The colonisers’ attempts to physically distance themselves from their cruelty, extends into the perpetration of violence itself. The French man-of-war and the Pilgrims aboard their riverboat mimic one another by firing their weapons blindly into the jungle, each separated by the boundary of water and sight from a perceived danger. With a crew of sailors required to load and fire a cannon, and the grouped Pilgrims shooting carelessly from the hip, all involved can absolve themselves individually of the violence they are committing; just like the absolved responsibility of each member of a firing squad. Who provides the fatal blow is unknown, thereby removing any individual recrimination, and allowing violence to be used to maintain the boundary between “civilizing light” and darkness.
In contrast to the Company men, Kurtz, a renegade trader, subscribes to an entirely different mind-set. The polar opposite of the Company men, Kurtz realises that “The conquest of the earth, which mostly means the taking it away from those who have a different complexion or slightly flatter noses than ourselves, is not a pretty thing when you look into it too much.” Although he still believes himself to be superior to the natives, Kurtz’s intellect combined with the fact he has chosen to ignore the self-imposed geographic and mental boundaries of the Company men, provides him with the means to recognise similarities between Europeans and the savage natives. Conrad demonstrates this through the observations of the intermediary character Marlow, who maintains some of Kurtz’s defining characteristics: independence, capability and honesty, “…but what thrilled you was the thought of their humanity – like yours – the thought of your remote kinship with this wild and passionate uproar.” Kurtz embraces the outright acceptance of mankind’s cruelty rather than the hypocritical qualifications of the Company men.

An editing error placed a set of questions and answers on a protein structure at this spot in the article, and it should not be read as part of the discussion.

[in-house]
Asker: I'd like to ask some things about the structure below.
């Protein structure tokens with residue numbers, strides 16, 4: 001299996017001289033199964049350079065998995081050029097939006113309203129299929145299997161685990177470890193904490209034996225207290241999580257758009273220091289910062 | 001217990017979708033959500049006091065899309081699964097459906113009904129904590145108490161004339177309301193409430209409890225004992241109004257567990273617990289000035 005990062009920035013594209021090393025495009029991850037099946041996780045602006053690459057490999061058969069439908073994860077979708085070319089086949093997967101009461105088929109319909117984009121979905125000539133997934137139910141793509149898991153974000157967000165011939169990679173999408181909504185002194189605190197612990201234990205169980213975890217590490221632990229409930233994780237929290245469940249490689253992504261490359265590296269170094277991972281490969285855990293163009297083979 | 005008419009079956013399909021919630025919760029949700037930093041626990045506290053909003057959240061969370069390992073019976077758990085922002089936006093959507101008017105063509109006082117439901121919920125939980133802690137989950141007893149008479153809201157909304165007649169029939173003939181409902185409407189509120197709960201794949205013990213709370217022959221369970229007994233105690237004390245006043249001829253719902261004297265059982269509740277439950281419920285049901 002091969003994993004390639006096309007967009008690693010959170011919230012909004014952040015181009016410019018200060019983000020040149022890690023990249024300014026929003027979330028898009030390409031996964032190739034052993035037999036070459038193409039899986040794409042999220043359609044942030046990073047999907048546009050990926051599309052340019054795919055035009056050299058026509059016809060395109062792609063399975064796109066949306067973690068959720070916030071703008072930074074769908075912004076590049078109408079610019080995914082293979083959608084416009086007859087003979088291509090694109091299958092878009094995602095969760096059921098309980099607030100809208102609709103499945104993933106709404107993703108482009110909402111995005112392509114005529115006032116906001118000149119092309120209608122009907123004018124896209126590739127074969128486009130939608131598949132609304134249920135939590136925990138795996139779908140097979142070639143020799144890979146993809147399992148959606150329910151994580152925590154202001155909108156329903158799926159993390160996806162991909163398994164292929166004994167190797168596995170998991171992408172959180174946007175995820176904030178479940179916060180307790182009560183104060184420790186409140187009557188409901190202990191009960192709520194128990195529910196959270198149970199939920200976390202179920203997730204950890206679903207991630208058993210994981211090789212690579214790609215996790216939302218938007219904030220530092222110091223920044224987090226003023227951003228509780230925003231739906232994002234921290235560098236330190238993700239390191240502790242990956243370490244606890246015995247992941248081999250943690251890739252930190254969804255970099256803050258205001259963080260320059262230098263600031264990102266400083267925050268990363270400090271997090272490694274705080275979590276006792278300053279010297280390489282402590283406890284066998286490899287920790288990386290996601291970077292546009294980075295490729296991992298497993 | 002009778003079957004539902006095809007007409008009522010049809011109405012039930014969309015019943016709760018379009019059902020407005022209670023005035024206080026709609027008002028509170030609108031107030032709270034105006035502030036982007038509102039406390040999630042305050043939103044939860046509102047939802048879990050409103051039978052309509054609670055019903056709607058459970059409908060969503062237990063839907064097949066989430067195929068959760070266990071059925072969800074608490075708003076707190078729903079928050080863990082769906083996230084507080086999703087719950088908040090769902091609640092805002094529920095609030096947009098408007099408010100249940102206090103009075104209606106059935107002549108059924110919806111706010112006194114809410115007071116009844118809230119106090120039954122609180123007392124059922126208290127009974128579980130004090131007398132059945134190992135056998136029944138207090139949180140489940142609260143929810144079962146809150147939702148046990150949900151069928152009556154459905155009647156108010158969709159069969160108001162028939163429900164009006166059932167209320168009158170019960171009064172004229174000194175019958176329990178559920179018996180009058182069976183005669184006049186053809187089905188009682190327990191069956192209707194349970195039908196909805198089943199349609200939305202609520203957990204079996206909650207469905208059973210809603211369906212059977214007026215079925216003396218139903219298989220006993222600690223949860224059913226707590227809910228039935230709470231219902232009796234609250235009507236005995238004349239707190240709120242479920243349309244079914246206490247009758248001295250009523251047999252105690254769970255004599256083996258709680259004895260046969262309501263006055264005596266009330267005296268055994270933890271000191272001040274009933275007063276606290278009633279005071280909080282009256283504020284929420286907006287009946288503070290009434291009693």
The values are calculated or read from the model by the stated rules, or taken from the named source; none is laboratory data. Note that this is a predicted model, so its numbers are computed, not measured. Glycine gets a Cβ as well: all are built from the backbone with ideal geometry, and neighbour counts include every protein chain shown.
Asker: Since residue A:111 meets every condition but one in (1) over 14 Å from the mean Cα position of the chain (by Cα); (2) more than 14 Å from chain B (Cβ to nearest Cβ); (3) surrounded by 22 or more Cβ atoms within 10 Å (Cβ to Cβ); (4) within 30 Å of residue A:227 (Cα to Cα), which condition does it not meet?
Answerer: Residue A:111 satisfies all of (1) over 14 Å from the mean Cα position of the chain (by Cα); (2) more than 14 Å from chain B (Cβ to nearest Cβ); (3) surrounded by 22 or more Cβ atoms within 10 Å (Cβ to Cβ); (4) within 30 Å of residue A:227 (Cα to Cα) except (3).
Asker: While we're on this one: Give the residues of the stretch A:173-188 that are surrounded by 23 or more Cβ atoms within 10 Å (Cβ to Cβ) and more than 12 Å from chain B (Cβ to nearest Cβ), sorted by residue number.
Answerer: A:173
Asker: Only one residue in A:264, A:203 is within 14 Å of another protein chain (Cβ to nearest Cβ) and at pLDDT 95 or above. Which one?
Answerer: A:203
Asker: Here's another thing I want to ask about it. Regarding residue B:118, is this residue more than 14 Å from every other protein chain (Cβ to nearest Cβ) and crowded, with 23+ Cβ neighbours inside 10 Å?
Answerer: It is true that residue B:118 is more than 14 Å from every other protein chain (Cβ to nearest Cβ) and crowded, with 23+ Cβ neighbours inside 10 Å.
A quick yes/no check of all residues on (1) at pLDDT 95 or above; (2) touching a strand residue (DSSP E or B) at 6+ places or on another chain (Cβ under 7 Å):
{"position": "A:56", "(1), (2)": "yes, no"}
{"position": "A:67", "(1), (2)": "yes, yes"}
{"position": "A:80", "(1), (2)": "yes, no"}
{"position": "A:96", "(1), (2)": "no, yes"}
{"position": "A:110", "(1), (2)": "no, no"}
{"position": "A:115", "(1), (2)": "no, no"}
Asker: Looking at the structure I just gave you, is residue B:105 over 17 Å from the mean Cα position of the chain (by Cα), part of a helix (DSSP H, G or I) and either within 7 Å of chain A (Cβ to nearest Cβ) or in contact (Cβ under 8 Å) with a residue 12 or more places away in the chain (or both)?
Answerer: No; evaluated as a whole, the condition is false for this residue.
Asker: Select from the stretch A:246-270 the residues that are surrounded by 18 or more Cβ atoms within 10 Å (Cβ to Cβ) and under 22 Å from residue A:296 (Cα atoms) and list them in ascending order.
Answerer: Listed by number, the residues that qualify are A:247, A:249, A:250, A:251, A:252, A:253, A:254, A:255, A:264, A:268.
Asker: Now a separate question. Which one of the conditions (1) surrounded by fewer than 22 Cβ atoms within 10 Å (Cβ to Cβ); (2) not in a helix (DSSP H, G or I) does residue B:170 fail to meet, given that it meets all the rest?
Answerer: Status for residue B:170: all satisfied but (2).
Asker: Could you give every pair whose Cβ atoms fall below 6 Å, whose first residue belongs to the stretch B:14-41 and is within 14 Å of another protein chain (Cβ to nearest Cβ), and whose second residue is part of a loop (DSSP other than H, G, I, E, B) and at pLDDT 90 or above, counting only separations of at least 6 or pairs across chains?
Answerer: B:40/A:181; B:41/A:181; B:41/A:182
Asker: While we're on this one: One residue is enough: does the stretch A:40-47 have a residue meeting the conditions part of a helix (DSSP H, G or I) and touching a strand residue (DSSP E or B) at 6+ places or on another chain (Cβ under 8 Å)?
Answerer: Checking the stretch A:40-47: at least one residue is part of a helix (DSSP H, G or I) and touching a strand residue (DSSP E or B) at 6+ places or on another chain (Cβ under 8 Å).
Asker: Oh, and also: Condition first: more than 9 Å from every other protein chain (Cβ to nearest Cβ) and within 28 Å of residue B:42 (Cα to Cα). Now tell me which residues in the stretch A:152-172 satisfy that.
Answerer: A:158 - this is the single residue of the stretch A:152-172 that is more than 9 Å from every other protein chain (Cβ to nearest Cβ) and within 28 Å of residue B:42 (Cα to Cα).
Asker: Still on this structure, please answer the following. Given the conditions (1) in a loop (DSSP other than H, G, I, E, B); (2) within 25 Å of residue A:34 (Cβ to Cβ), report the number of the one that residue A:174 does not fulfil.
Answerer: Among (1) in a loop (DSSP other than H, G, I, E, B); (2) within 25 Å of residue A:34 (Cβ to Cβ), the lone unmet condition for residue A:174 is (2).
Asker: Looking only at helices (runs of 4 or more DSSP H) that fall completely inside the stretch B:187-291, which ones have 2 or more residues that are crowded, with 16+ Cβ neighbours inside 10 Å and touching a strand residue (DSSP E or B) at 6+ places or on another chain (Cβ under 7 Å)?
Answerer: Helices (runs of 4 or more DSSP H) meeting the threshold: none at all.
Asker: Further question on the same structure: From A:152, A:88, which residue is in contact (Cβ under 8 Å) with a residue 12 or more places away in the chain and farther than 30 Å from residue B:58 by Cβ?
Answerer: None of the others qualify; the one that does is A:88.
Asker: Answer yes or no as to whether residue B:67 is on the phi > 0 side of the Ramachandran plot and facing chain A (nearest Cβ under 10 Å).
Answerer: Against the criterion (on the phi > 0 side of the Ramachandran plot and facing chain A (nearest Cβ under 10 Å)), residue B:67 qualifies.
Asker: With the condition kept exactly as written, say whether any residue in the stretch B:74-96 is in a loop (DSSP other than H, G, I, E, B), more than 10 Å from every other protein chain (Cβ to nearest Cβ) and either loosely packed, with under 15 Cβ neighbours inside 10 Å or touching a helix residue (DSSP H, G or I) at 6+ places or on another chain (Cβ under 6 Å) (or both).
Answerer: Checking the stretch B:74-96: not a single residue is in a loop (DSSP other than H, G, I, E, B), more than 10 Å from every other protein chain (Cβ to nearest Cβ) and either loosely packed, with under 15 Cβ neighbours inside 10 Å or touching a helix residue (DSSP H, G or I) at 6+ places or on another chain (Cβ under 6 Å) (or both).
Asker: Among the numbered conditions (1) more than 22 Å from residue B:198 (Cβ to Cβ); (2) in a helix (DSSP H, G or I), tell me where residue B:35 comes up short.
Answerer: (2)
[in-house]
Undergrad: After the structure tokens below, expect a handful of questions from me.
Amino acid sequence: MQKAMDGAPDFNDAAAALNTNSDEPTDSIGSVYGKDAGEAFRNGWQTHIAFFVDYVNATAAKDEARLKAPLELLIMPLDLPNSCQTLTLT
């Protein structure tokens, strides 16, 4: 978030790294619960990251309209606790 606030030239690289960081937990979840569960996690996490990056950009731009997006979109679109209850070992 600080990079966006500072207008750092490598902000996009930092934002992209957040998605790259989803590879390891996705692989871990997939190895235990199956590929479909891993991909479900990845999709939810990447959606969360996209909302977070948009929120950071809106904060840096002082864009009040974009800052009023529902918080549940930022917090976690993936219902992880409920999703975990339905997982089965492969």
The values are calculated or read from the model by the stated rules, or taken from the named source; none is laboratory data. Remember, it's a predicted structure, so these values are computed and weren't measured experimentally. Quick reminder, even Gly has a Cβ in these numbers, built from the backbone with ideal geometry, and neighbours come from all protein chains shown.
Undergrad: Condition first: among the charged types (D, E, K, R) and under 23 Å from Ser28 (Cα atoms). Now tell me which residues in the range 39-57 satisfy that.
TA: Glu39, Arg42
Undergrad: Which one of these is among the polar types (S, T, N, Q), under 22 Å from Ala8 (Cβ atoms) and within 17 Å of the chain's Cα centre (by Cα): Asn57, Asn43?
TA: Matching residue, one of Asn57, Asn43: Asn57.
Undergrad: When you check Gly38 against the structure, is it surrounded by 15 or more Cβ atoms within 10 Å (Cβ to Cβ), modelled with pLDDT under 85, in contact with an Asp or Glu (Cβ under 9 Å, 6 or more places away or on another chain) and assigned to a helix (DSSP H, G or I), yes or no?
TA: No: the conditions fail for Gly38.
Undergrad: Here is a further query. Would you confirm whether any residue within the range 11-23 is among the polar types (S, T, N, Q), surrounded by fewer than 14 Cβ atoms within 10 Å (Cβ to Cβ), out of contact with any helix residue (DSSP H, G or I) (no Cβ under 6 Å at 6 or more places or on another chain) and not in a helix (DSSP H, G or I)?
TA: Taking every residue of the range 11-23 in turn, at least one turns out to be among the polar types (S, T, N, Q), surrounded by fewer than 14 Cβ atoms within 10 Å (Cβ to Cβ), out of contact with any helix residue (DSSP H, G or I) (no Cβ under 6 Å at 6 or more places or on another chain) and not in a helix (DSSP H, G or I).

Kurtz’s epiphany can be directly traced to geography. Living deep within the heart of the Congo, he has passed beyond the geographic boundaries of European exploration. Kurtz’s geographic isolation directly contributes to the expanding of his mind and perspective. It is in his isolation that he is exposed to the “contradictions, ambiguities, and discontinuities” presented by the silence of the African wilderness. Bereft of any of the Western constructs and societal norms that other Company employees maintain through frequent communal interactions, Kurtz is able to examine, without inhibitions, the darkness inherent in every human being and to cross the mental boundaries instilled by his European upbringing. “The wilderness had patted him on the head… it had taken him, loved him, embraced him, got into his veins, consumed his flesh, and sealed his soul to its own by the inconceivable ceremonies of some devilish initiation.” Nowhere is this infiltration of the darkness clearer than in the postscript added to his pamphlet, “Exterminate the brutes!” Kurtz’s addition directly contradicts the stereotypical colonial message espoused throughout the rest of his pamphlet. “Each station should be like a beacon on the road towards better things, a centre for trade of course, but also for humanising, improving, instructing.” The text of the pamphlet’s body is so typical, an unnamed journalist, a supposed former colleague, says of it only, “’it would do,’”. The postscript throws into stark relief his open acceptance of the darkness in his soul.
Within his geographic isolation, there is a further blurring of the physical boundaries that reflects Kurtz’s acceptance of his innate evil. Kurtz’s Inner Station differs markedly from the other stations visited by Marlow. Man-made fences and rivers surround the Company stations that are situated closer to the coast. These river and fence boundaries are inextricably linked to Europe and its tenets of civilisation. The fences, like the beaten paths between stations, provide a bulwark against the solitude of the wilderness and the river. In contrast, Kurtz’s abandoned inner station is open to the jungle, “There was no enclosure or fence of any kind; but there had been one apparently, for near the house half-a-dozen slim posts remained in a row… The rails, or whatever there had been between, had disappeared.” In his remote location, Kurtz can view and absorb the darkness, unimpeded by the small physical boundaries erected by the Company men, which carry such large mental significance and symbolism for them.